Roger Marum gave the message in the worship service before Thanksgiving. His message was based on Matthew 6:25-34 and tells two stories: one from 1st Century Israel; and one from this past September in North Ferrisburgh.
Pastor Kim completes the sermon series on Genesis with how the story of Joseph and his brothers illustrate the origins of sibling rivalry and what is needed to overcome adversity and harm faithfully.
Based on Genesis 27-33, the story of Jacob and Esau.
Pastor Kim talks about when we get stuck because of grief and strife, and how Genesis 13 helps us through the story of Abraham and Lot.
The message is based on Genesis 12:1-4, the call of Abram. It reviews who Abram/Abraham was, the central role he and his family play in Genesis, and explores the reasons why this story was told.
“God saw that human evil was out of control! People thought evil, imagined evil—evil, evil, evil from morning to night God was sorry that God had made the human race…it broke God’s heart.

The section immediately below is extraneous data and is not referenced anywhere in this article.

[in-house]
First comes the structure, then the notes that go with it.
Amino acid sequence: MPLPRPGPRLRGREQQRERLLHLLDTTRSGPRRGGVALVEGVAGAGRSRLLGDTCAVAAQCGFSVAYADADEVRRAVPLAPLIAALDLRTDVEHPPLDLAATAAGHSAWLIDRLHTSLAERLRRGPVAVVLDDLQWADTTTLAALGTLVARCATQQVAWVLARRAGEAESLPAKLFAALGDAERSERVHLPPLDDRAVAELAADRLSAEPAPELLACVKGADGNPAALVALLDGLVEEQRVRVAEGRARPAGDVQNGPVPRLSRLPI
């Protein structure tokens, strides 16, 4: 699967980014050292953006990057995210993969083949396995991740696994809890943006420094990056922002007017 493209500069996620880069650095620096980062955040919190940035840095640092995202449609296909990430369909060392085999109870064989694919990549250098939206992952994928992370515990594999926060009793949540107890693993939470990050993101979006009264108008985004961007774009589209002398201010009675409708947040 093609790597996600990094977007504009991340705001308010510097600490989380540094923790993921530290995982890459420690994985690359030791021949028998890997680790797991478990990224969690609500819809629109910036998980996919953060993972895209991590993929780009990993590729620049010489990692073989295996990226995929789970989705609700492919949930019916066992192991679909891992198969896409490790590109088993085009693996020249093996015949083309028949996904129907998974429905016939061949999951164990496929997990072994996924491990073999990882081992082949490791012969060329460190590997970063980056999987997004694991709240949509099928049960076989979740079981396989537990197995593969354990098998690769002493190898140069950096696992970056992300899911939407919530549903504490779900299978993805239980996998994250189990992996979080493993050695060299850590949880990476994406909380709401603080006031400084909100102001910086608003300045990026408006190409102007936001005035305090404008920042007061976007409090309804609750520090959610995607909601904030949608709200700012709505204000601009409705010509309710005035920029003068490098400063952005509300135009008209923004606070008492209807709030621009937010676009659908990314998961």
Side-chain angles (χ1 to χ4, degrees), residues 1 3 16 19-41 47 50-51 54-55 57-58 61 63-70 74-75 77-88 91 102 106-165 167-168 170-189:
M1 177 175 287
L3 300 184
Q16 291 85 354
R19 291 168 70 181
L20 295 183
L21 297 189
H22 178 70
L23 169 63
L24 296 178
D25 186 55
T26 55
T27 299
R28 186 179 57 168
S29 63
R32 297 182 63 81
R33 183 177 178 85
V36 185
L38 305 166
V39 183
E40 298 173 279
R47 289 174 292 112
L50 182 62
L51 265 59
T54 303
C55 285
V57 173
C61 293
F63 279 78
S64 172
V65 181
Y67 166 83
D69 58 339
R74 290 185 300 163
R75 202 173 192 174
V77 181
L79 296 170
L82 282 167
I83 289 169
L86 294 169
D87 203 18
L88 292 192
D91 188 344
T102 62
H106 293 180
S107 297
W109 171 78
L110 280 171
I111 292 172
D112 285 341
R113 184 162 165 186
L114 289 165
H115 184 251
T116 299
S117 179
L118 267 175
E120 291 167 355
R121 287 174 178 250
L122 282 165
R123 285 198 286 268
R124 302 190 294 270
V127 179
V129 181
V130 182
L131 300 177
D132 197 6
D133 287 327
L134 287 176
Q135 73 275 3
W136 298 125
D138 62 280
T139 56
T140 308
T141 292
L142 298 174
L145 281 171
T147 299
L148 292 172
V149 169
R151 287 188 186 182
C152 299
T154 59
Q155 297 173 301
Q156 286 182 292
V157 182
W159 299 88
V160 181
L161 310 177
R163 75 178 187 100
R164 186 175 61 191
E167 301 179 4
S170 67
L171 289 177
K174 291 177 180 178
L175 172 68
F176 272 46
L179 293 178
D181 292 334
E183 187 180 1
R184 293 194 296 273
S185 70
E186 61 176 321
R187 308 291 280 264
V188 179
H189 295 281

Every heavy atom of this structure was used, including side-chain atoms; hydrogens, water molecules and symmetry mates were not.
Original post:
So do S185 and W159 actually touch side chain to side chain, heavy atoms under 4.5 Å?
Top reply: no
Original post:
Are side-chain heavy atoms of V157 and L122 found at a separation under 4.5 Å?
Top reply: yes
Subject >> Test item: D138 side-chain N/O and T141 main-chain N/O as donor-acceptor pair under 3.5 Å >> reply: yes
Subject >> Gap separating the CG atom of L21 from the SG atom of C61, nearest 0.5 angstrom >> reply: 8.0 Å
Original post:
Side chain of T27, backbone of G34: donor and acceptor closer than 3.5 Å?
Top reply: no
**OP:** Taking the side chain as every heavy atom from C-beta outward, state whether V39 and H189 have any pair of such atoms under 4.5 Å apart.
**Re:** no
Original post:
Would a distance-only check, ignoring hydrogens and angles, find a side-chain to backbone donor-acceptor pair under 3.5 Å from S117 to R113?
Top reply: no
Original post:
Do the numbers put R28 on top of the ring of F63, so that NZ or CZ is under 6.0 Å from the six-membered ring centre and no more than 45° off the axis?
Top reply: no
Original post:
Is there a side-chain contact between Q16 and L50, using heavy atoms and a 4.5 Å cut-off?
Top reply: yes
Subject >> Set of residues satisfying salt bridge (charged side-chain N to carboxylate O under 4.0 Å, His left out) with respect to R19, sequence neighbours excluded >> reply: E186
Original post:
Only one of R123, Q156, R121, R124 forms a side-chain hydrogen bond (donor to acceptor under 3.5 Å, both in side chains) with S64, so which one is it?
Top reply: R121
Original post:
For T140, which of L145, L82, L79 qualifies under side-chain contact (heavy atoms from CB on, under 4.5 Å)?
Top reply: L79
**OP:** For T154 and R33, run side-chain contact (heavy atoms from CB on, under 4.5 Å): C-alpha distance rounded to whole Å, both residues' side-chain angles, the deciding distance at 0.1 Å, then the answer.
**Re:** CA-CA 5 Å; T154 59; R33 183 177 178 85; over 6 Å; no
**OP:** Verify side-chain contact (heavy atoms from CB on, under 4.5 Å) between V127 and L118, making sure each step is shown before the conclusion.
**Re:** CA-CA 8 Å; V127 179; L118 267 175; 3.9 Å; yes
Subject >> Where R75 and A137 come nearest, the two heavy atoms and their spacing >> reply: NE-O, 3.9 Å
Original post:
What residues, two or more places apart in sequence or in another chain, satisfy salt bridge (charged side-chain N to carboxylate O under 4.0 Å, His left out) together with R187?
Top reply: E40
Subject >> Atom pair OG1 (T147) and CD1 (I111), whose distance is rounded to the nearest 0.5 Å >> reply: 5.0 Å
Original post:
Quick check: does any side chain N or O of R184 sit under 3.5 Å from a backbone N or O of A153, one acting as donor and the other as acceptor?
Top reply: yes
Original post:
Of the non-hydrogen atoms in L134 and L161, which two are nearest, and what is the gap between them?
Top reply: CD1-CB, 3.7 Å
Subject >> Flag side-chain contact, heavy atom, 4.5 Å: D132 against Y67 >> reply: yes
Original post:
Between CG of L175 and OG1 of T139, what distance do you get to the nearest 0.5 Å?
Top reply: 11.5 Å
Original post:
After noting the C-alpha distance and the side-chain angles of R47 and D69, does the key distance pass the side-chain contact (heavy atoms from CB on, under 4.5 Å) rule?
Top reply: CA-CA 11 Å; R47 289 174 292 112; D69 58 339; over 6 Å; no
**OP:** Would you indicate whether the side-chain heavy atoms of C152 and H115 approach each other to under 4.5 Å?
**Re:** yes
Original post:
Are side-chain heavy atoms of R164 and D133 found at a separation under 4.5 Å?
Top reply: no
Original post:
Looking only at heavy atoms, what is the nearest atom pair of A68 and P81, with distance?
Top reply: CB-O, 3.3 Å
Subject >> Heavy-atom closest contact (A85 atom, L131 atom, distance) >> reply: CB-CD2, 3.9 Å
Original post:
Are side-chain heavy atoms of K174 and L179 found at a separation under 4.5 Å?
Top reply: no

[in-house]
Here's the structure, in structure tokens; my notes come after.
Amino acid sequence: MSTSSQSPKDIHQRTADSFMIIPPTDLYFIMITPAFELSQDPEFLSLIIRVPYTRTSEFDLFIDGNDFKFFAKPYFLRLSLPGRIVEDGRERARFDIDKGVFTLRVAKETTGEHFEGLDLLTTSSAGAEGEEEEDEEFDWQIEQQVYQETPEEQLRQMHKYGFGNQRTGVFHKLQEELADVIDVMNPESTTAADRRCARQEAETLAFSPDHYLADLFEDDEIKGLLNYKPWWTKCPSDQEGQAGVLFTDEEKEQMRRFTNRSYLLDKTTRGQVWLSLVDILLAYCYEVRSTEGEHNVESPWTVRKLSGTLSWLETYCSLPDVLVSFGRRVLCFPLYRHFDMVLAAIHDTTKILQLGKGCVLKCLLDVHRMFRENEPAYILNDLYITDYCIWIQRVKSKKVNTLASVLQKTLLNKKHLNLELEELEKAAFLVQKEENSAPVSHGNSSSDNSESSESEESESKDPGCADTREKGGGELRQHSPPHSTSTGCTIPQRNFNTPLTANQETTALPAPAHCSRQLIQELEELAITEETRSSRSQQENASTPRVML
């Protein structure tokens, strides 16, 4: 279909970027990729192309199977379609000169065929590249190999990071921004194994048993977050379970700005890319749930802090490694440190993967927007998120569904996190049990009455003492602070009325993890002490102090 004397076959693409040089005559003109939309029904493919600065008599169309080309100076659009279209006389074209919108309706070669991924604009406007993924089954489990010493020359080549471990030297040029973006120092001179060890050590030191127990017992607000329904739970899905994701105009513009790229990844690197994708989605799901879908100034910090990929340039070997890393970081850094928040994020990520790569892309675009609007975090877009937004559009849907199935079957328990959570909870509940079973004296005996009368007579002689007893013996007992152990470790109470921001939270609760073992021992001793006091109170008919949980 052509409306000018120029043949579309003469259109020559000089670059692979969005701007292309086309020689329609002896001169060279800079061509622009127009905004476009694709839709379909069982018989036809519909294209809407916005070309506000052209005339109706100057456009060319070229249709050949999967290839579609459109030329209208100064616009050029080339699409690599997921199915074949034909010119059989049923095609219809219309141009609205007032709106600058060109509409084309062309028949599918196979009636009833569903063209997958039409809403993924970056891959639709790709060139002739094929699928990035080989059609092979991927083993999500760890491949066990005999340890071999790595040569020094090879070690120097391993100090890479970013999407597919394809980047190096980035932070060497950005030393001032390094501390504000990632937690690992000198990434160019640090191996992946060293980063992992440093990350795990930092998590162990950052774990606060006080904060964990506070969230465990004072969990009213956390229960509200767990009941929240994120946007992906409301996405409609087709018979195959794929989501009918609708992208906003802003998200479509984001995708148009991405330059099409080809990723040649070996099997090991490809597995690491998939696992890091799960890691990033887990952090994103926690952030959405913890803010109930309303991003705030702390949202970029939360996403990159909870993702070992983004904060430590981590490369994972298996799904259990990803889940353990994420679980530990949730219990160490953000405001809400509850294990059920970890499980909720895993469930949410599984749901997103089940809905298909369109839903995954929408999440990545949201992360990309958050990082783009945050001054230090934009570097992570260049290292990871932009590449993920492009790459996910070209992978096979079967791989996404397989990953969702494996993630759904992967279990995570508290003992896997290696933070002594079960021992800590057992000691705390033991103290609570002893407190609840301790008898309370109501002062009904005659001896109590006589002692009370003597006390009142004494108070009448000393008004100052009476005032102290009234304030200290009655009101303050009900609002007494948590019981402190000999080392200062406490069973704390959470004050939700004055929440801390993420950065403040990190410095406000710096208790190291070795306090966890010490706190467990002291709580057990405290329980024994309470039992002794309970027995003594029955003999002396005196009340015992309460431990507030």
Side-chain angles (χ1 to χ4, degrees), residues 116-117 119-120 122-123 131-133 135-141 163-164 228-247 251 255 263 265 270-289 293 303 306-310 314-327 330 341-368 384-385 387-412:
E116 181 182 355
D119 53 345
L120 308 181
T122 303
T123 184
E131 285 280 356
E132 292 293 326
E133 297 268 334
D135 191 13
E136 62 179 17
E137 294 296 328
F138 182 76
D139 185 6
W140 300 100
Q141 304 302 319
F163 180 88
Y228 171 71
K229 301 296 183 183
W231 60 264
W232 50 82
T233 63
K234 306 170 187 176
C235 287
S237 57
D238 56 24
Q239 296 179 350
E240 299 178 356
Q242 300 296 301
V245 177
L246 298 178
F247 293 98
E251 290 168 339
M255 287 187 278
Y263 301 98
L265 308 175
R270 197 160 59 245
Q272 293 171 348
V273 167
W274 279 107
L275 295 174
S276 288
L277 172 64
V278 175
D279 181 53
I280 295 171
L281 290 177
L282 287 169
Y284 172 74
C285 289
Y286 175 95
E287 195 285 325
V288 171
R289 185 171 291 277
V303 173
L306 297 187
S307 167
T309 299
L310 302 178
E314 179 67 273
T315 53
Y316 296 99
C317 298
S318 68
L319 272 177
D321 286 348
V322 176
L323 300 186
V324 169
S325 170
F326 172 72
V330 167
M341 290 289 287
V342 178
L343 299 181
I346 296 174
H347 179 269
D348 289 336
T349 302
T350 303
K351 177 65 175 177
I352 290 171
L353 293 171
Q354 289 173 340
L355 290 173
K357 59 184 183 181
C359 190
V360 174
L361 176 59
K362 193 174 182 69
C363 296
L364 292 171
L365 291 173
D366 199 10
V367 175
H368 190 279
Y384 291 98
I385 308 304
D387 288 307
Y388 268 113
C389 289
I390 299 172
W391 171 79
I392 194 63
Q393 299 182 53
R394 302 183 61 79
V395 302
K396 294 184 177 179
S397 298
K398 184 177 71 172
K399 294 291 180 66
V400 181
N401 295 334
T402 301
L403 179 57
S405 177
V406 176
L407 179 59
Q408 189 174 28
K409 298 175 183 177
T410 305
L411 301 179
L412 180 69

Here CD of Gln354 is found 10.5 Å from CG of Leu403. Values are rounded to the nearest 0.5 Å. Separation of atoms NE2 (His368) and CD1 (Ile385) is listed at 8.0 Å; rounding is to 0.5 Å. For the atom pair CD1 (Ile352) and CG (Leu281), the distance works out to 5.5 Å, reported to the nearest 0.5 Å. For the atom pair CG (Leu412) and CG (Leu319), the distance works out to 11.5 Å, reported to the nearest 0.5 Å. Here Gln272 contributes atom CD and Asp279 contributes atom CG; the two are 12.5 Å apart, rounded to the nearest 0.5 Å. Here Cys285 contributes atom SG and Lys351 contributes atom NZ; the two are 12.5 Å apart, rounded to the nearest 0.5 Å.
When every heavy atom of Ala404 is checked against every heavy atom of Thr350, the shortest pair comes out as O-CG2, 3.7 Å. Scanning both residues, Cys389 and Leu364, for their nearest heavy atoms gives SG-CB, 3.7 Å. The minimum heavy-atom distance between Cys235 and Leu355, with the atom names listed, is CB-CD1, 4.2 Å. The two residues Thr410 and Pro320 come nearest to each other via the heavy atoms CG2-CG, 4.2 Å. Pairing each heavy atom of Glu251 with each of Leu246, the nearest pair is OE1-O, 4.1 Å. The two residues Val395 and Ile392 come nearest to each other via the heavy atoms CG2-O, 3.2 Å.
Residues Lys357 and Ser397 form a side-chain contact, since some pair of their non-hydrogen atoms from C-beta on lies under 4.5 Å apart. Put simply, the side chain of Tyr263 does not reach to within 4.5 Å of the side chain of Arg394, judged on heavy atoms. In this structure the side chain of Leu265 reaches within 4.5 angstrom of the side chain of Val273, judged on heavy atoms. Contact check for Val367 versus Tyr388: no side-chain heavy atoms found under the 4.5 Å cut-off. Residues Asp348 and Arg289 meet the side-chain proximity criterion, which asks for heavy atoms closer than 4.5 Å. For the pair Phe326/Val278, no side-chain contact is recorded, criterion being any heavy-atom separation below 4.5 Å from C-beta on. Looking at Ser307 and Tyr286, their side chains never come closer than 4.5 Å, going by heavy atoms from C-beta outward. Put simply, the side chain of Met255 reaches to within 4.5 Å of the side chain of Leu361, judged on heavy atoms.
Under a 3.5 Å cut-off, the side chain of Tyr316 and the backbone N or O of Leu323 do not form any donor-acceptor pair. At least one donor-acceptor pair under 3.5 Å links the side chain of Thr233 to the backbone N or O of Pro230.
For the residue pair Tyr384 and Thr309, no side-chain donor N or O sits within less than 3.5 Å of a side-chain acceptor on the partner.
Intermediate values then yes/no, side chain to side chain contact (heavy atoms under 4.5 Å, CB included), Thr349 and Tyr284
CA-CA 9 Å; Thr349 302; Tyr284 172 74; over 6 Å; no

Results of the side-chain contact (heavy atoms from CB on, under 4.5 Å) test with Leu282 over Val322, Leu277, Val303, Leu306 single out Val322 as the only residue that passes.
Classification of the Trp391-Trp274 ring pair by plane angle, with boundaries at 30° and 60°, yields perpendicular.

God says, “I’ll get rid of my ruined creation, make a clean sweep” people, animals, snakes and bugs and birds—the works. I’m sorry I made them.” Genesis 6:5-7. The Message Version
#1. The Bible is blunt about human problems. This is the only way to save us!
“Noah did everything that the Lord commanded him.” Genesis 6:22. The Message”
#2. Unlike the pagan version which celebrates human ingenuity in out maneuvering the gods. The Bible version takes a very dim view of human nature unless we are listening to the one and only good and loving God—the Bible is blunt we are prone to greed, arrogance, corruption and to taking good gifts and destroying them.
“never again will the flood destroy the earth. I’m putting my rainbow in the clouds, as a sign of the covenant between me and the Earth.” Genesis 9:11b and 13. The Message
#3. The pagan and the secular world say the world is out to get you, grab what you can. The Bible says put yourself first and you destroy not only yourself but all of creation. God is a good God of love. God is a God of the rainbow—bringing hope no matter how difficult the storm.